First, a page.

Now, friends, let me tell you something about forgiveness - the forgiveness that Jesus Christ talks about. To forgive somebody doesn't mean you have to like them. It doesn't mean you have to associate with them. And it doesn't excuse anybody from being accountable for his or her acts. If you break into my house and burglarize my house, I hope I can forgive you. But I will tell you I'm going to report you to the police and I hope they arrest you. And I'm going to testify at your trial, and I hope you are punished for that action.
You see, to say we forgive somebody does not mean that they're not to be held accountable for their actions in whatever way that is appropriate. But let me tell you something, friends, let's not, for one minute, think that our security -- our ultimate security -- is based upon our military might. Do you realize what has happened? We have the most advanced military war machine in the world and cardboard box openers defeated us. Pay attention to what is written in the 33rd Psalm.
His great army does not save a king. A warrior is not delivered by his great strength. A war-horse is a vain hope for victory and despite its great might, it cannot save. There is only one source of salvation for individuals, for peoples, for nations, and for the world. And that is God's love for us in Jesus Christ. And our response of love and adoration and trust and obedience and action based upon God's love for us in Jesus Christ. We cannot help but in times of grief and certainly this event has confronted us with our own mortality.
The thousands of people who were killed, our people, did not have on uniforms. You know, when you put on a uniform in the military, thereâ€™s at least the implied message that sometime at some place, you may be called upon to walk in harm's way. But none of these thousands and thousands of our citizens, except of course in the Pentagon, did not wear uniforms.
They went to work on Tuesday morning, some caught a plane from one coast thinking they would end up on the other coast, some went to their offices, their jobs with little or no inkling that this would be the last morning they would live.
So life itself is fleeting. And our security is not found in our own lives or being. Our security is found in God and in God alone.
And isn't it appropriate that those in the building and on the plane who were able to reach loved ones with their cell phone did not talk about portfolios, insurance, vacations, raises, bosses, or a new house. They talked about how much they loved and cared and what a wonderful life they had together and caring references to family, children, faith in God, relationships and what counts after this life is over. This was a great testimony for all of us.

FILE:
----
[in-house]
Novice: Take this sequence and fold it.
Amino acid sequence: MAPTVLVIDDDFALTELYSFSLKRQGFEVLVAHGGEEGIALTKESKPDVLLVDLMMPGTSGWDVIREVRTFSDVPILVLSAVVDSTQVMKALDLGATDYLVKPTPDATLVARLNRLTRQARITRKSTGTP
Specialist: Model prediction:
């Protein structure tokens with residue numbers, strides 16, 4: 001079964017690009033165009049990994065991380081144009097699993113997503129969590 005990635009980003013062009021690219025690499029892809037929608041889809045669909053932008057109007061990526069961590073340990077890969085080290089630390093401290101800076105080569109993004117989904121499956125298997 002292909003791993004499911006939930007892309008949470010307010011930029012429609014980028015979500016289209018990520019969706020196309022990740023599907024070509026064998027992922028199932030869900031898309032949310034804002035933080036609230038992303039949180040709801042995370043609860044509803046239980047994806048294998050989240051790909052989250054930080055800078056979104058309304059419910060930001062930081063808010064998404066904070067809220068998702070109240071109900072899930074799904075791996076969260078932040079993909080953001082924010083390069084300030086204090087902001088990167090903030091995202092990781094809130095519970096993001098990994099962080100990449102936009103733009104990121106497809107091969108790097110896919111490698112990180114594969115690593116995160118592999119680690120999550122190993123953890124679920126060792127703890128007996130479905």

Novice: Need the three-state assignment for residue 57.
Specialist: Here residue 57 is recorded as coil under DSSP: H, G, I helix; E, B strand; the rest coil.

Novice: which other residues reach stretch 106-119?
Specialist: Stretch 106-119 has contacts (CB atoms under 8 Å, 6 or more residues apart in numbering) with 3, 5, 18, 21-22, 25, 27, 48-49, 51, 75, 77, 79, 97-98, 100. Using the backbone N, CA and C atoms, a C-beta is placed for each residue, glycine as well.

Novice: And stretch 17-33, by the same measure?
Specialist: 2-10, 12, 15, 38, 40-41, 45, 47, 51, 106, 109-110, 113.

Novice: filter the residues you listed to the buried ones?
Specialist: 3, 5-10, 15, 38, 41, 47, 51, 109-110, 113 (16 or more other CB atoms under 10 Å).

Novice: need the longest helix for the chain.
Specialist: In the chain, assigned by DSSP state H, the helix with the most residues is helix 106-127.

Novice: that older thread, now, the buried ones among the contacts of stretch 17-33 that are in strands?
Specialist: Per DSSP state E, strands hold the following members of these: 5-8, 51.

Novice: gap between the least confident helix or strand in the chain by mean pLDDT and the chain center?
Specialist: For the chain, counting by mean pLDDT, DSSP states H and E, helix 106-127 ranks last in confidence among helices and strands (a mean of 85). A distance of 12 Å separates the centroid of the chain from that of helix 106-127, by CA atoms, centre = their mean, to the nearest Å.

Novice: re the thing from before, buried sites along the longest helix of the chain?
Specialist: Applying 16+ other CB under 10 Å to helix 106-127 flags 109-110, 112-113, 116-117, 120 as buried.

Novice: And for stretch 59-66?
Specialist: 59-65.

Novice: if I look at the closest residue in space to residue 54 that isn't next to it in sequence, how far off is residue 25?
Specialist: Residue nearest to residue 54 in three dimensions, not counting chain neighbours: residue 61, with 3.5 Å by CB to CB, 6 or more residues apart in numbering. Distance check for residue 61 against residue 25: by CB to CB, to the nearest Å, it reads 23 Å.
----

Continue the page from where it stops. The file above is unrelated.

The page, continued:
The hymn that was sung at the 7-11 Memorial Service at the National Cathedral, "A Mighty Fortress is our God" says this: One little word shall fell him -- the him being Satan, evil--the demonic forces in this world that would destroy civilization and damn us all to Hell forever, and the one little word is the living Word of God -- Jesus Christ.
That word above all earthly powers,
No thanks to them abideth,
The Spirit and the gifts are ours,
Through him who with us sideth.
Let goods and kindred go,
This mortal life also,
the body they may kill,
God's truth abideth still,
His kingdom (and only His kingdom) is forever.
Always remember that. We are a people who are called by God and blessed by God and, if you are willing to realize it, chosen by God for the work of the gospel of Jesus Christ in this world. That's our security. That's our profound hope.
The hope that Jesus Christ really and truly spoke God's words when He said, "I am the resurrection and the life. Those who believe in me, though they die, yet shall they live. And those who believe in Me shall never never die." That's our hope. That's our security. That's our life. In this time and space dimension it's our life. When we die, it's life that is lived for eternity with Jesus Christ our Lord.
Will you take this moment to pray with me?
Copyright 2001 Come and See Ministries
About the Twin Towers Photo
This "Sunrise over lower Manhatten" was taken by a lady returning on a cruise on the morning of July 28, 2001
She writes: As I watched the beautiful skyline of New York City float past me I noticed the sun was about to line up just behind the twin towers. I was lucky enough to snap the picture at exactly the right moment. If you look at the sun rays it is almost prophetic. - a little spooky.
When I show this picture to anyone they almost always asks for a copy. I just want to share it with all who want it. Please take this picture and share it with anyone and everyone who likes it. I've been printing them like crazy on my home computer to give to those that want a copy.